by Susan McCabe
Special to The Leaven
KANSAS CITY, Kan. — Training to be a nurse is a challenge in itself, given the nature of the work. But add a global pandemic to the mix, and the training that today’s nursing students receive just got that much more rigorous.
Two local Catholic colleges recognized the impact the pandemic would have on training the next generation of nurses and quickly made adjustments to prepare students for a new normal. Although the schools cannot change the curriculum without approval from the nursing faculty, college curriculum committee and Kansas State Board of Nursing (KSBN), their delivery of clinical experiences has changed — a critical part of a nursing education, according to Jackie Harris, DNP, APRN, director of the department of nursing at Benedictine College in Atchison.
“Our faculty members have been working hard to meet the needs of our students. We have lost clinical sites because they have become COVID units. It has been difficult to find qualified clinical nursing instructors since the pay for nurses in the hospital have increased significantly. Competing with these wages is a challenge,” Harris said.
To address the shortage of clinical sites, Benedictine has increased its simulations and hired an adjunct faculty member to help with increased lab hours. Similarly, Donnelly College in Kansas City, Kansas, has added more classroom simulcasts so that instruction can flow from room to room and allow for in-person lessons and clinical simulations, said Patty Palmietto, MSN, RN, Donnelly’s director of nursing.
Over the course of the pandemic there have been other challenges, too, including a shortage of COVID tests, N95 masks and other equipment, as well as illness among the students who contracted the virus. Additionally, nursing schools have faced the same challenges to vaccinate their population that all institutions have dealt with.
But there have been some silver linings, said Palmietto.
“We have become very involved with the Unified Government [of Wyandotte County and Kansas City, Kansas] and have taken over some of their vaccination clinics starting in May of 2021 to help ease the stress of their normal vaccination people,” Palmietto said. “We also have given vaccinations and COVID-19 tests from Donnelly to the community, and the nursing department took over COVID-19 screenings for Bishop Ward High School when the students were able to return to school.”
For nursing students, such as Benedictine College senior Sarah Daskiewicz, there have been personal challenges as well.
“It’s not uncommon that people will ask me what nursing school is like [amid] the COVID-19 pandemic. I never quite know how to answer this question because I never had the chance to experience nursing before the pandemic,” Daskiewicz said.
But she admits that she experiences the stress of the “more highly regulated clinical experiences,” due to COVID, and there’s always the fear of getting sick.
But perhaps the greatest challenge is all about her patients: “the decreased ability to truly connect with others face-to-face, without masks blocking our smiles.”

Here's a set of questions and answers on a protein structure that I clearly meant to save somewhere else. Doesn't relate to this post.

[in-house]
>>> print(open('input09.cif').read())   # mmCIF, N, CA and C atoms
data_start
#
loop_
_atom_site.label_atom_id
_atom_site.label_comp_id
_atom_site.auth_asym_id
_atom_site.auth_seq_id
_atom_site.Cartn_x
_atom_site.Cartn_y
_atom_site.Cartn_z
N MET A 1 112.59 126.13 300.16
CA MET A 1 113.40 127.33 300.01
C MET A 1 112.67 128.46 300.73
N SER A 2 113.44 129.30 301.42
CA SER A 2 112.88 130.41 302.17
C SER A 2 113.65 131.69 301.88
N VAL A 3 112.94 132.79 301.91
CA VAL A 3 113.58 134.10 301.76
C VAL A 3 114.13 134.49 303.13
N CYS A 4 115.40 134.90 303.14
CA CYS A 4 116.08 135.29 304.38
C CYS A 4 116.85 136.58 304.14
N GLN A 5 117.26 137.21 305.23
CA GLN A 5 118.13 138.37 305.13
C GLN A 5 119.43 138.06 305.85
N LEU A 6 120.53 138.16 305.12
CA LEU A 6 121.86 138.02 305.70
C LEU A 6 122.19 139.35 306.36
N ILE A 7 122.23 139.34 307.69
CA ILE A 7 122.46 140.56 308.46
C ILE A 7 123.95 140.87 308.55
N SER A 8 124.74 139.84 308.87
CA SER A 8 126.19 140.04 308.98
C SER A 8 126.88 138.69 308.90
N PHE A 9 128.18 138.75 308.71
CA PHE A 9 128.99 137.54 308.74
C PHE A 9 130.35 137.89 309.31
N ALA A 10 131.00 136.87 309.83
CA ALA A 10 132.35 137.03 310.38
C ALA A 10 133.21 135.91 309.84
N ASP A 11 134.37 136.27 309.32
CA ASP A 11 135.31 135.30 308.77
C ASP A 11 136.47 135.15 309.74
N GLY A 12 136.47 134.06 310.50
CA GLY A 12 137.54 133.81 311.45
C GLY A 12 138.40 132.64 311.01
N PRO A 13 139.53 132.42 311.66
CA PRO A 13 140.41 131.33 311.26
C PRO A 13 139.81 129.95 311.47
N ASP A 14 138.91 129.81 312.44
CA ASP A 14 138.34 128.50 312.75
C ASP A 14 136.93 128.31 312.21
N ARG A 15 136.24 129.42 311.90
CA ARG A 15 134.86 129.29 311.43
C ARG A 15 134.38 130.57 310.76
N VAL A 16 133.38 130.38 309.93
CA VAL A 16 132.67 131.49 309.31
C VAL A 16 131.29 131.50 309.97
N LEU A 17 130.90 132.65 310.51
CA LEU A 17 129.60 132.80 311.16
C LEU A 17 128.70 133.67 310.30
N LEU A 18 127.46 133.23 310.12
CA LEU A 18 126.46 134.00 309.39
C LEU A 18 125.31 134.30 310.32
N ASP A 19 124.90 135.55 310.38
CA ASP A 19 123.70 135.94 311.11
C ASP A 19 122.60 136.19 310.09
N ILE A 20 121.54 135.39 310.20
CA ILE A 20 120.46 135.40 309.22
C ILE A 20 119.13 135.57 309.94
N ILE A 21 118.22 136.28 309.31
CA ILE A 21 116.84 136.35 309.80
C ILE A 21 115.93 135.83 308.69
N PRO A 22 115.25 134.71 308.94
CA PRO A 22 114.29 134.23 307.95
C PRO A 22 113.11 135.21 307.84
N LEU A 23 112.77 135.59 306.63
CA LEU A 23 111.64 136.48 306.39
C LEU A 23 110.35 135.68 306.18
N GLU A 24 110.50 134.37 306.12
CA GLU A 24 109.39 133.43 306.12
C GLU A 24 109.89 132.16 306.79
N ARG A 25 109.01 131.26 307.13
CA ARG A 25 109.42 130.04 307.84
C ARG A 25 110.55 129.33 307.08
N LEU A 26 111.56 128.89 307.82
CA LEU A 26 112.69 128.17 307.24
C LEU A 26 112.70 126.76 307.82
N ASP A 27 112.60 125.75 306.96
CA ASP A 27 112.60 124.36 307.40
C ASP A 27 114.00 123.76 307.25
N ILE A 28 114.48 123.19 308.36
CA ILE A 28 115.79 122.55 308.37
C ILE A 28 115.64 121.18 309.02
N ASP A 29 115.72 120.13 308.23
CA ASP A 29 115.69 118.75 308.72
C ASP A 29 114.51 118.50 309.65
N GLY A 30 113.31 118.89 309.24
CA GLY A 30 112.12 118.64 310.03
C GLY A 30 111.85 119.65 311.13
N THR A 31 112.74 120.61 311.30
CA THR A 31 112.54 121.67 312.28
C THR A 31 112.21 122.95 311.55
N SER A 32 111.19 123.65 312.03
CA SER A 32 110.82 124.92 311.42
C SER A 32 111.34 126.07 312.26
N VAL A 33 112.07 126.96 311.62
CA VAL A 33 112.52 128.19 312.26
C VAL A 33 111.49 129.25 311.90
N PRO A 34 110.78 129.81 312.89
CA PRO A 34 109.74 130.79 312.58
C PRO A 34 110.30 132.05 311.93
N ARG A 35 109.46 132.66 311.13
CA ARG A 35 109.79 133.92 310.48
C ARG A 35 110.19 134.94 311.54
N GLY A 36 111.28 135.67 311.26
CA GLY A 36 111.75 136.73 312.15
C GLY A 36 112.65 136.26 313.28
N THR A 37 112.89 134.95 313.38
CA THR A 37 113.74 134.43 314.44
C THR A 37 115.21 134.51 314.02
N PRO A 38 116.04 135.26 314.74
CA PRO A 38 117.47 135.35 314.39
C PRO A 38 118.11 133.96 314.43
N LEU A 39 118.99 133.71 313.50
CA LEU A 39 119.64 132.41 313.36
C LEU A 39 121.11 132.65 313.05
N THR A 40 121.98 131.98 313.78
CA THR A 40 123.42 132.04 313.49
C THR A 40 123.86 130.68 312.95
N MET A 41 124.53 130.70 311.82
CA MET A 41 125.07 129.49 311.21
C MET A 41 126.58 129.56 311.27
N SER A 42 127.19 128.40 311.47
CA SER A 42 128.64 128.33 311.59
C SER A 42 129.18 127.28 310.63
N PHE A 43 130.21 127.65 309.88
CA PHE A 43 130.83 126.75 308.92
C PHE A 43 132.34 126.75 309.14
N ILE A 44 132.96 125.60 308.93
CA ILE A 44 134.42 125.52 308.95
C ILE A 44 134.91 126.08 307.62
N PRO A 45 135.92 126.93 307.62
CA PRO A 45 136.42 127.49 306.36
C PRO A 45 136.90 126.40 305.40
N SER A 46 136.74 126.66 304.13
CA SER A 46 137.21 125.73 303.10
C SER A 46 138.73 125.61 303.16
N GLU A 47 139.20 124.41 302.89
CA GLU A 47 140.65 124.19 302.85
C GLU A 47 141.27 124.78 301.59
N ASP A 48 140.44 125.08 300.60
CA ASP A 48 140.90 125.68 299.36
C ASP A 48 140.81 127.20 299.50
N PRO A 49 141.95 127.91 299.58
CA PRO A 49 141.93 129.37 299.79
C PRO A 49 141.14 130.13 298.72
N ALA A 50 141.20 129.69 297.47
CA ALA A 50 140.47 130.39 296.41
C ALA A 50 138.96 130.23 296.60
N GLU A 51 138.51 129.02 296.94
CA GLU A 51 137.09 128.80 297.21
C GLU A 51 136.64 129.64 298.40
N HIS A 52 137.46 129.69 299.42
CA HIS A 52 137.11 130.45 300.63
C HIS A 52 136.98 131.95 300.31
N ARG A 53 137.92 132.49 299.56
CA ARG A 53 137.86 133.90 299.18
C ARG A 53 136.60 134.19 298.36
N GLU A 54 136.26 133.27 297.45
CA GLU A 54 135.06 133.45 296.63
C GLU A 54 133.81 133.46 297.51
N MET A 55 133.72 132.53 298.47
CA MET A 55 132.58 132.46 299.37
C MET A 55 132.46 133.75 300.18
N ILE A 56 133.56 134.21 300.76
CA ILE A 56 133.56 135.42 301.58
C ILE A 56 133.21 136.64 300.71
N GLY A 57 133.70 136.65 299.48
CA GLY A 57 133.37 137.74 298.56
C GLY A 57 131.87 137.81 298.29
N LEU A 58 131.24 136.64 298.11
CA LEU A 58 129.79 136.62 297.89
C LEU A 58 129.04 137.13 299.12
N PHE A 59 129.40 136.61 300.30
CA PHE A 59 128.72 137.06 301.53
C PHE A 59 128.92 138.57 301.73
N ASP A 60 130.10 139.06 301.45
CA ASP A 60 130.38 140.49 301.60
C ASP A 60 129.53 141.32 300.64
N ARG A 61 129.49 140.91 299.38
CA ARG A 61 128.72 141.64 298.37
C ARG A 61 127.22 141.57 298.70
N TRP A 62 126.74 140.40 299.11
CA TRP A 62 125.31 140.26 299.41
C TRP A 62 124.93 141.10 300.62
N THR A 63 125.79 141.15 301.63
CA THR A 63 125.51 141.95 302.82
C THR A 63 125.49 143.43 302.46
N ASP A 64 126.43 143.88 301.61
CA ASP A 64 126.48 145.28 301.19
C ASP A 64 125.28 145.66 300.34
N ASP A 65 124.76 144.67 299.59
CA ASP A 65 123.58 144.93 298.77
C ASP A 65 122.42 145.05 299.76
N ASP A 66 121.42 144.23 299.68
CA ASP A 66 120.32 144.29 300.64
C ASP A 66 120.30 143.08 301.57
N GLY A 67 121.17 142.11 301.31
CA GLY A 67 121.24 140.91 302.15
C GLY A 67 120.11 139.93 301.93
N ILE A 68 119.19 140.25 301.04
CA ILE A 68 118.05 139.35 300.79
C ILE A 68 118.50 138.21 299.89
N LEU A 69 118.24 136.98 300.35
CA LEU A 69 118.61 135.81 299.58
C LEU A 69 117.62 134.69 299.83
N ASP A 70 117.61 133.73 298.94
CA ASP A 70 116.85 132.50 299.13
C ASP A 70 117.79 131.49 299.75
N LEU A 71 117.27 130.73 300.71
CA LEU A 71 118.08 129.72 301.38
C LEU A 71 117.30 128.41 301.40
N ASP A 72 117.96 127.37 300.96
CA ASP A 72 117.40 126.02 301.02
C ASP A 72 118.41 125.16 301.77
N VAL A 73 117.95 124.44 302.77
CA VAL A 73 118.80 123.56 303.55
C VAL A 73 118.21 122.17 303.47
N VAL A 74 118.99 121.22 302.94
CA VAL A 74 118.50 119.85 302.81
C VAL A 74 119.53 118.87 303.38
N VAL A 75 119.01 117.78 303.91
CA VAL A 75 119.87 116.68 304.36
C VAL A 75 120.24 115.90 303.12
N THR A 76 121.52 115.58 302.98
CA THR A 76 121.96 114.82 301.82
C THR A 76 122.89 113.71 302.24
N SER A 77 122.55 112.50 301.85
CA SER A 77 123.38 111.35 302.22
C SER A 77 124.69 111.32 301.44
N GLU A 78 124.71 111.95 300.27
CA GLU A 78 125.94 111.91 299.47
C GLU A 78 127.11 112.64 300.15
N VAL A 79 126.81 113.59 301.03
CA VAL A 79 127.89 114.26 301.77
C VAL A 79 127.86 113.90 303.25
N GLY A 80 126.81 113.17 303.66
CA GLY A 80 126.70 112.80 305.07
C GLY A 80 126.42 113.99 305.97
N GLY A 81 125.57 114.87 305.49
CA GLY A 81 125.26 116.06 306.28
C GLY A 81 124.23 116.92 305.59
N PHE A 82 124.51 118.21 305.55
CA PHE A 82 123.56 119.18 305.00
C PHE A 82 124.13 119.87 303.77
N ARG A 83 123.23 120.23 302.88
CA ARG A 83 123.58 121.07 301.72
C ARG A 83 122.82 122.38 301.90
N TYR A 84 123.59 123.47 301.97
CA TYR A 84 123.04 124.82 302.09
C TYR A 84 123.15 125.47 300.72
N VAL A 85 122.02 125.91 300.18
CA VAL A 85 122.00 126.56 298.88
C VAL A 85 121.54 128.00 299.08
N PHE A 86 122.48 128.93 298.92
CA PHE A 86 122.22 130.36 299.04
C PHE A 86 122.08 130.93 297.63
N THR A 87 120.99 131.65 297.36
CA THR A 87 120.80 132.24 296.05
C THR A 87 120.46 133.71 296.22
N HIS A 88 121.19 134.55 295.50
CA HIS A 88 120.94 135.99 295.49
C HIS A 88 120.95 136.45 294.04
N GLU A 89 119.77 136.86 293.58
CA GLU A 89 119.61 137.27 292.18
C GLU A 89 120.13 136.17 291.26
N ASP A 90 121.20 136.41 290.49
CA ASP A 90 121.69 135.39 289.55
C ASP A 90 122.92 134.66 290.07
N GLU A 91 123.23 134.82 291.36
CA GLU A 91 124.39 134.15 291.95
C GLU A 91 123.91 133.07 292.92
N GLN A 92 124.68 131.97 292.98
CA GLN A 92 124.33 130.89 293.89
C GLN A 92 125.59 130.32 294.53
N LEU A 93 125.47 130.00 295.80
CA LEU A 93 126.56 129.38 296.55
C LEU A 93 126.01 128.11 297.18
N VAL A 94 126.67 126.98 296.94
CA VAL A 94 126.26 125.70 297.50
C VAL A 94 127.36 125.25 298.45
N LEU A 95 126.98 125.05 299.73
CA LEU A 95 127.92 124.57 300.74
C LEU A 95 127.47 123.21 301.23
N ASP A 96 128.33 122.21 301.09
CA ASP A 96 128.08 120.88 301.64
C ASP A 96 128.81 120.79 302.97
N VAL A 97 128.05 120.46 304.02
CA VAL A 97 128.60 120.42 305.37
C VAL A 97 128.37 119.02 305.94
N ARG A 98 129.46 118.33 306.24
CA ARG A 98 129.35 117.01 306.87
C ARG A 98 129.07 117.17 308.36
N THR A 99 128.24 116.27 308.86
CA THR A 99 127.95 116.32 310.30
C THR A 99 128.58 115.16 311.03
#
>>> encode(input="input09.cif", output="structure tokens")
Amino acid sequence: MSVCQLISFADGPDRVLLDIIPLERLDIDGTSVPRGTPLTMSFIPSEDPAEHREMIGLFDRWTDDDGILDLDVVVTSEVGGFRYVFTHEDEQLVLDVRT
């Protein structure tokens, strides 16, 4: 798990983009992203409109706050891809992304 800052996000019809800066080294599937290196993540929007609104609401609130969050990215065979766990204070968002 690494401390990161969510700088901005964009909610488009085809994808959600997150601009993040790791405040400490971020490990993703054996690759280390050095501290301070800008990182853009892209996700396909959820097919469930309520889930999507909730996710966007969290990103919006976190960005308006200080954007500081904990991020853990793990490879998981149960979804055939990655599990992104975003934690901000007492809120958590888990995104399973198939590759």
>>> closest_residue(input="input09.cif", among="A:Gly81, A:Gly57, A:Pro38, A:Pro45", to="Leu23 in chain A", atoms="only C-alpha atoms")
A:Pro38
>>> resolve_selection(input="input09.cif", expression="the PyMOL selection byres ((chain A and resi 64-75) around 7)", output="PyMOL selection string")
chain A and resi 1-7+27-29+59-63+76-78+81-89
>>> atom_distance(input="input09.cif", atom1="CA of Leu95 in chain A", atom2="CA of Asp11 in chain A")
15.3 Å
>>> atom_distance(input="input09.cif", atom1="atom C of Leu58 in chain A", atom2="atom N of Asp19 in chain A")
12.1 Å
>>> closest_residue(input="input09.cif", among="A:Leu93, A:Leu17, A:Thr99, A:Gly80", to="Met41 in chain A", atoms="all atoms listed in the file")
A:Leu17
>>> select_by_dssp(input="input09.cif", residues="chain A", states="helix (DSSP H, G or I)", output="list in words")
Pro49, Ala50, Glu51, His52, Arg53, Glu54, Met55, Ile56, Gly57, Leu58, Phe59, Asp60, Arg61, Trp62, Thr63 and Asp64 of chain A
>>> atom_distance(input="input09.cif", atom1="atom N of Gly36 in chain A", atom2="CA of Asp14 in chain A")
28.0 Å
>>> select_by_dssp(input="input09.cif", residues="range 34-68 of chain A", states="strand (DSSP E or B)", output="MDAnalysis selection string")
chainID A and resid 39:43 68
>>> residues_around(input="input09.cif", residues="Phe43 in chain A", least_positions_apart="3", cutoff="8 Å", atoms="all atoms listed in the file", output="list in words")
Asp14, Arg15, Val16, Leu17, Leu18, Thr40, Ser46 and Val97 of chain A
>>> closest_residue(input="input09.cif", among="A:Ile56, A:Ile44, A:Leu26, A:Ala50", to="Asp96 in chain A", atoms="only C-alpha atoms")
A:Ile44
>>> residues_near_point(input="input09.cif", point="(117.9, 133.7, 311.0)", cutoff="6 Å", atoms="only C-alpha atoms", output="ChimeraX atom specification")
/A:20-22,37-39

However, it has also made Daskiewicz appreciate and admire those who have fought for students to obtain clinical placements. Nursing school in a pandemic has not been easy, she said, but the struggle has provided her with a renewed opportunity to redefine why she is studying nursing.
“I believe that those of us who graduate from nursing school at this time will be equipped with uniquely shaped skills of perseverance and determination,” she said. “It is my hope that we can take our experiences as students and allow them to form us as nurses who are unafraid to let the craziness of the outside world affect our patient care and help us focus on what is important in our individual interactions with our patients and with our team.”
Our communities will need more nurses, as more leave the profession, said Stephanie Sisk, APRN, a nurse with Stormont Vail Health in Topeka. In fact, more nurses who were employed in other roles are now being asked to return to bedside, patient care, she said.
“We’ve lost plenty of nurses to retirement or to burnout,” Sisk said. “Now that we’re in [another] round of the pandemic, our staffing crisis is extremely serious. It’s going to take years to come back to a place of ‘good’ staffing.”
Moving forward, nursing schools will continue to adjust, Palmietto said. She believes that even if the pandemic ended today, new protocols and practices have emerged that will benefit staff and patients in the years ahead.
That’s not to say the schools don’t need resources — one of which is prayer, Harris said.
“All health care workers need your prayers — we are exhausted. Parishioners can support health care workers by acknowledging their sacrifices and provide a listening ear to hear our struggles,” Harris said.
“We need more nurses. We need nurses educated by Catholic schools,” she added. “Ethical issues will get more complicated. We need nurses to support Catholic values and advocate for those patients who are unable to advocate for themselves. It is challenging to be a nurse, but it is rewarding.”
It’s a sentiment echoed by Palmietto.
“Health care workers are very similar to Catholics in that we rally around each other, we pick each other up, we pray together, we get through it and meet on the other side,” Palmietto said.
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